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#ForwardwithSUPPORT: National Drug Take Back Day and the 2nd Anniversary of the SUPPORT Act


10.22.20

October 24 is National Prescription Drug Take Back Day, a day hosted by the Drug Enforcement Agency (DEA) to give Americans the opportunity to dispose of unused or expired medications. Last October, 882,919 pounds of prescription drugs were collected amounting to an astonishing 12,699,456 pounds of drugs collected through this DEA event since its inception. We know from the 2018 National Survey on Drug Use and Health that the medicine cabinet is a significant source for abuse, with the study finding that the majority of the almost 10 million Americans who abused prescription drugs acquired drugs from friends and family.

Saturday is also the 2nd anniversary of the SUPPORT for Patients and Communities Act being signed into law by President Trump. The SUPPORT Act, sponsored by Energy and Commerce Committee Republican Leader Greg Walden (R-OR), represents the single largest congressional effort against the opioid crisis. Because of the work of the Energy and Commerce Committee, communities have new tools, resources, and authorities to take on the opioid crisis. The SUPPORT Act also included a provision to encourage the proper disposal of controlled substances utilized by hospice patients, reducing the number of unused substances left for potential diversion or misuse.

We know that opioids have claimed hundreds of thousands of American lives. Although the SUPPORT Act is a colossal effort to turn the tide of the opioid epidemic, it was never meant to be the final solution. E&C Republicans continue to advance legislation and investigate the causes and breakdowns that led to this crisis to both end the opioid epidemic and prevent a future drug crisis from ever occurring again. In addition to new bills and investigations, more actions have been taken to curb the opioid epidemic this year, even during the COVID-19 pandemic. And Americans across the country can do their part by properly disposing of unused or expired medications.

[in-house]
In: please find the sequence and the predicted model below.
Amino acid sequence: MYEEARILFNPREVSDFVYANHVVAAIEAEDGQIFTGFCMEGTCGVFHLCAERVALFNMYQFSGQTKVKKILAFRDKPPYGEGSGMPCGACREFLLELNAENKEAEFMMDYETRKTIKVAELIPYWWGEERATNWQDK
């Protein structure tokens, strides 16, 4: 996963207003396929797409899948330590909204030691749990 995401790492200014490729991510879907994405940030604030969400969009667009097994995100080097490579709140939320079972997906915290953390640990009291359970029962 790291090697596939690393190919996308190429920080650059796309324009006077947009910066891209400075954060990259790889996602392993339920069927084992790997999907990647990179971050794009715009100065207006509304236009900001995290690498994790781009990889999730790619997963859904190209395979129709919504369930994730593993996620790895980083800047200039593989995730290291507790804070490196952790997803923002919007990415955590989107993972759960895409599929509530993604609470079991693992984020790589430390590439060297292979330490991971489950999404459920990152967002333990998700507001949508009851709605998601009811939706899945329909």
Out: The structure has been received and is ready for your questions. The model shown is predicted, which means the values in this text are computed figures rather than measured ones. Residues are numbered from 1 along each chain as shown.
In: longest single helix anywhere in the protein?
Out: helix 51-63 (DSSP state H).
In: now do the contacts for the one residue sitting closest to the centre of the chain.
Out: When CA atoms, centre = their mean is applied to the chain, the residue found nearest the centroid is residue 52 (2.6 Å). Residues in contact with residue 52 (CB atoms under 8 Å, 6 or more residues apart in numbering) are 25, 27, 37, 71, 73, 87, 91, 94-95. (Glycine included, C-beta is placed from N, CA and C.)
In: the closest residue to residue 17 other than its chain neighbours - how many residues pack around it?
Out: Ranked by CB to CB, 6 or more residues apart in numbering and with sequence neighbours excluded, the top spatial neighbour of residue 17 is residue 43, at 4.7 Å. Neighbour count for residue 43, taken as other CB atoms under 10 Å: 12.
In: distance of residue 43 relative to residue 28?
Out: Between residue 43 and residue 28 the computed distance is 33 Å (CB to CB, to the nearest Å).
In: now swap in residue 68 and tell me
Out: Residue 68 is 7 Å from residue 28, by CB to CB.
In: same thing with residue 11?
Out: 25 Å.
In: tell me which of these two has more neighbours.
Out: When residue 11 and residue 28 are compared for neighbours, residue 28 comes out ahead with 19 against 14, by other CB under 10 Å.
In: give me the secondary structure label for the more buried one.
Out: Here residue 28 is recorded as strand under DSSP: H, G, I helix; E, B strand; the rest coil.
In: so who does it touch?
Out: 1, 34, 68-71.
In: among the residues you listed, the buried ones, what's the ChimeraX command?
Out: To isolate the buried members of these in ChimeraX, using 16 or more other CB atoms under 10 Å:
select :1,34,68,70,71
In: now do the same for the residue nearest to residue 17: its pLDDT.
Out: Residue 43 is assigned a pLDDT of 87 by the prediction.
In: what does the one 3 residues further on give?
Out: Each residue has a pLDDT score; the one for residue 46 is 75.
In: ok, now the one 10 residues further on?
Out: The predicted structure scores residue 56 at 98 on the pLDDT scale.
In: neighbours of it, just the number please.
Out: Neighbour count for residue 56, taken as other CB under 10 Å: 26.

Earlier this year, bipartisan E&C leaders reached out to Health and Human Services (HHS) Secretary Alex Azar to get information on overdose and substance use trends and ask how the federal government can help amid concerns that the COVID-19 pandemic is worsening the overdose crisis.

Additionally, Walden and then-Judiciary Committee Republican Leader Doug Collins (R-GA) successfully pushed for a fentanyl analogues ban extension. Fentanyl is a synthetic opioid that can be deadly in small quantities. The DEA’s ability to go after “fentanyl-related substances” instead of just specific fentanyl formulas the DEA has already banned is an important tool. Without the analogue ban extension, drug traffickers could change the fentanyl formula by one molecule to create a fentanyl analogue that is not banned.

To better understand how funding to combat the opioid crisis is being utilized, Walden and Rep. Vicky Hartzler (R-MO) asked the U.S. Government Accountability Office (GAO) to review grant funding to better understand where the funds went and the effectiveness of the grants.

To stop opioids from being illegally sold on the internet, a pilot program was put together this year by the Food and Drug Administration (FDA) and the National Telecommunications and Information Administration (NTIA). Illegal internet sales of opioids were highlighted by Rep. David McKinley (R-WV) in a hearing when he questioned Mark Zuckerberg on Facebook’s ads being used as a platform for illegal opioid sales.

As the SUPPORT for Patients and Communities Act enters into its second year of being law and Americans across the country dispose of unused or expired medications, we are reminded of the sad reality that the opioid crisis continues to claim more than a hundred lives in the United States every day. It will take many more actions building upon previous work to end the opioid crisis once and for all, but working together we can – and will – overcome the opioid epidemic. In the coming days, E&C Republicans will provide additional updates on our efforts to combat the opioid crisis. You can also visit takebackday.dea.gov/ to find a drop-off location in your community.

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